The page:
Stack Overflow is a community of 4.7 million programmers, just like you, helping each other.

Join them; it only takes a minute:

Sign up
Join the Stack Overflow community to:
  1. Ask programming questions
  2. Answer and help your peers
  3. Get recognized for your expertise

I have a question about loading a JavaScript that changes the CSS based on the time of day or date.

Question: How can I cache the images so that they do not load from page to page? The Script works fine and adds the class to the body and header based on the time of day. However, when a user clicks the next page of the website, it reloads the same CSS Class and causes the site to flash to white before loading the CSS.

I've placed the script at the bottom of the page and in the header. Yet it still flashes on every page that loads the script. Is there away to prevent the script from loading everytime the user goes from page to page?

Here is the Js Code.

function TimeOfDaySiteChange() {
    var d = new Date();
    var n = d.getHours();

    if (n < 5) {
        // midnight
    } else if (n > 16 && n < 20) {
        // If time is between 5PM &ndash; 8PM sunset theme to 'body'
    } else if (n > 19) {
        // If time is 8PM 
    } else if (n > 8) {
        // If time is 9AM
    } else {
        // Else use 'dawn' theme

function dawn() {

function daytime() {

function dusk() {

function night() {

function init() {

window.onload = init;

I've also tried it without window.onload

share|improve this question
have you tried placing your code in a document ready function? – martincarlin87 Apr 29 '13 at 15:00
You don't need to add a class to #header_masthead, just do body.sunrise_bg #header_masthead {} – powerbuoy Apr 29 '13 at 15:01
Regarding the flash; before your JS has loaded, run and eventually added a class the browser will show the default page. I'd add the class on the server side instead. – powerbuoy Apr 29 '13 at 15:02
@powerbuoy Why would you do that? The server knows nothing about the client's time – Ian Apr 29 '13 at 15:04
Oh, that's true. Didn't think about that. But the reason I'd do that should hopefully be obvious (had it worked). I'd consider setting a cookie with JS that can be used on the server for subsequent loads. – powerbuoy Apr 29 '13 at 15:11
up vote 3 down vote accepted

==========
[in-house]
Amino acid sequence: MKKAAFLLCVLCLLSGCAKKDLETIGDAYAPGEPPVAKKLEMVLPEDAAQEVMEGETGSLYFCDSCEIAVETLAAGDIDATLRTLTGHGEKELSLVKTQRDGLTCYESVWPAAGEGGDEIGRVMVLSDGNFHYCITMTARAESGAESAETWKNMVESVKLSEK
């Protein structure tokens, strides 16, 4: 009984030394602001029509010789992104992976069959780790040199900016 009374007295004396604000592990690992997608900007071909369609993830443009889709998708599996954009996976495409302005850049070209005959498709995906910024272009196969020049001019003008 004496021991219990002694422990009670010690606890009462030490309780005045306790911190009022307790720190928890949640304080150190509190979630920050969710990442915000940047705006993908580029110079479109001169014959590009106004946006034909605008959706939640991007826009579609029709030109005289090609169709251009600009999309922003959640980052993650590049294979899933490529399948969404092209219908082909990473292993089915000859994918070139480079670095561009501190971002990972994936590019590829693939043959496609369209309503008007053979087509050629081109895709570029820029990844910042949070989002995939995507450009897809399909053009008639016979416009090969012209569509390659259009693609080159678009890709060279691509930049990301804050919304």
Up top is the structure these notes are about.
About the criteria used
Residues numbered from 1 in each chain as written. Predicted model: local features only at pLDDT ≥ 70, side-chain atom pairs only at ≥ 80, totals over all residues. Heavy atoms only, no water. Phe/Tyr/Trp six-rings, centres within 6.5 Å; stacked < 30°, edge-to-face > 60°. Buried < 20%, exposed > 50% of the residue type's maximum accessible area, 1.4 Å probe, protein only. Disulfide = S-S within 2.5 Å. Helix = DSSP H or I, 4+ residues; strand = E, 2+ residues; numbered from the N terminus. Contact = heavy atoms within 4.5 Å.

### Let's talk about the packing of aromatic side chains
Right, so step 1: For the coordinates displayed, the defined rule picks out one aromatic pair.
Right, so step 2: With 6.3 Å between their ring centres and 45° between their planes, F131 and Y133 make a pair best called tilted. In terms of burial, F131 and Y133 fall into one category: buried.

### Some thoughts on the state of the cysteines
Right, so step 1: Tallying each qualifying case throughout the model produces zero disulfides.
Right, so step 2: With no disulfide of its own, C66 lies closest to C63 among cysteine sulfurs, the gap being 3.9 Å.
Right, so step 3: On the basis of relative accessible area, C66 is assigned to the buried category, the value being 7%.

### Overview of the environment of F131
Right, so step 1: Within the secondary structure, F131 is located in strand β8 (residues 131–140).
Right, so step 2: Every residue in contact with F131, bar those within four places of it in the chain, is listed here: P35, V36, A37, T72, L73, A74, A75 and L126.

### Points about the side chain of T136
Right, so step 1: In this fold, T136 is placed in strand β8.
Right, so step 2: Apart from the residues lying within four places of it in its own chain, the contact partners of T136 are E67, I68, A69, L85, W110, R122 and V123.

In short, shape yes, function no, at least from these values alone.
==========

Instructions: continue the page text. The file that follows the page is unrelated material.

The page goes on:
Your best bet would be to put this as the very first thing in your body and remove the window.onload. You would need to tweak your css slightly so that you only change the class on the body:

.sunrise_bg #header_masthead{

instead of having a class on the #header_masthead.

Then run TimeOfDaySiteChange() as the very first thing in your body.

By using onload you are waiting for the entire page to load before applying your class.

Alternatively, if you're using html5, you could change your code to add the class to the html element and place your javascript early in the head of your document. This may be slightly faster.

share|improve this answer
Wouldn't it be "better" to put it as the first thing in <head> and use html instead of body for selectors? – Ian Apr 29 '13 at 15:03
@Ian I don't believe that's valid in html4 but seems to be in html5. – James Montagne Apr 29 '13 at 16:53
What's not valid? Giving the <html> element a class? – Ian Apr 29 '13 at 16:54
@ian Yes, in html4 and xhtml the html element cannot have a class attribute. – James Montagne Apr 29 '13 at 16:57
Interesting! I change my original comment to be "With HTML5, wouldn't it be ..." :) – Ian Apr 29 '13 at 16:59

Is there away to prevent the script from loading everytime the user goes from page to page?

In short, no. Your current implementation dynamically adds classes (based on the time of day) with Javascript. You need the Javascript to run on every page in order for the classes to be added.

You can use the method as suggested by James to minimise the time it takes for the function to run, but there is no way to load the background colour once and keep it if your site uses separate html documents.

share|improve this answer

Your Answer


By posting your answer, you agree to the privacy policy and terms of service.

Not the answer you're looking for? Browse other questions tagged or ask your own question.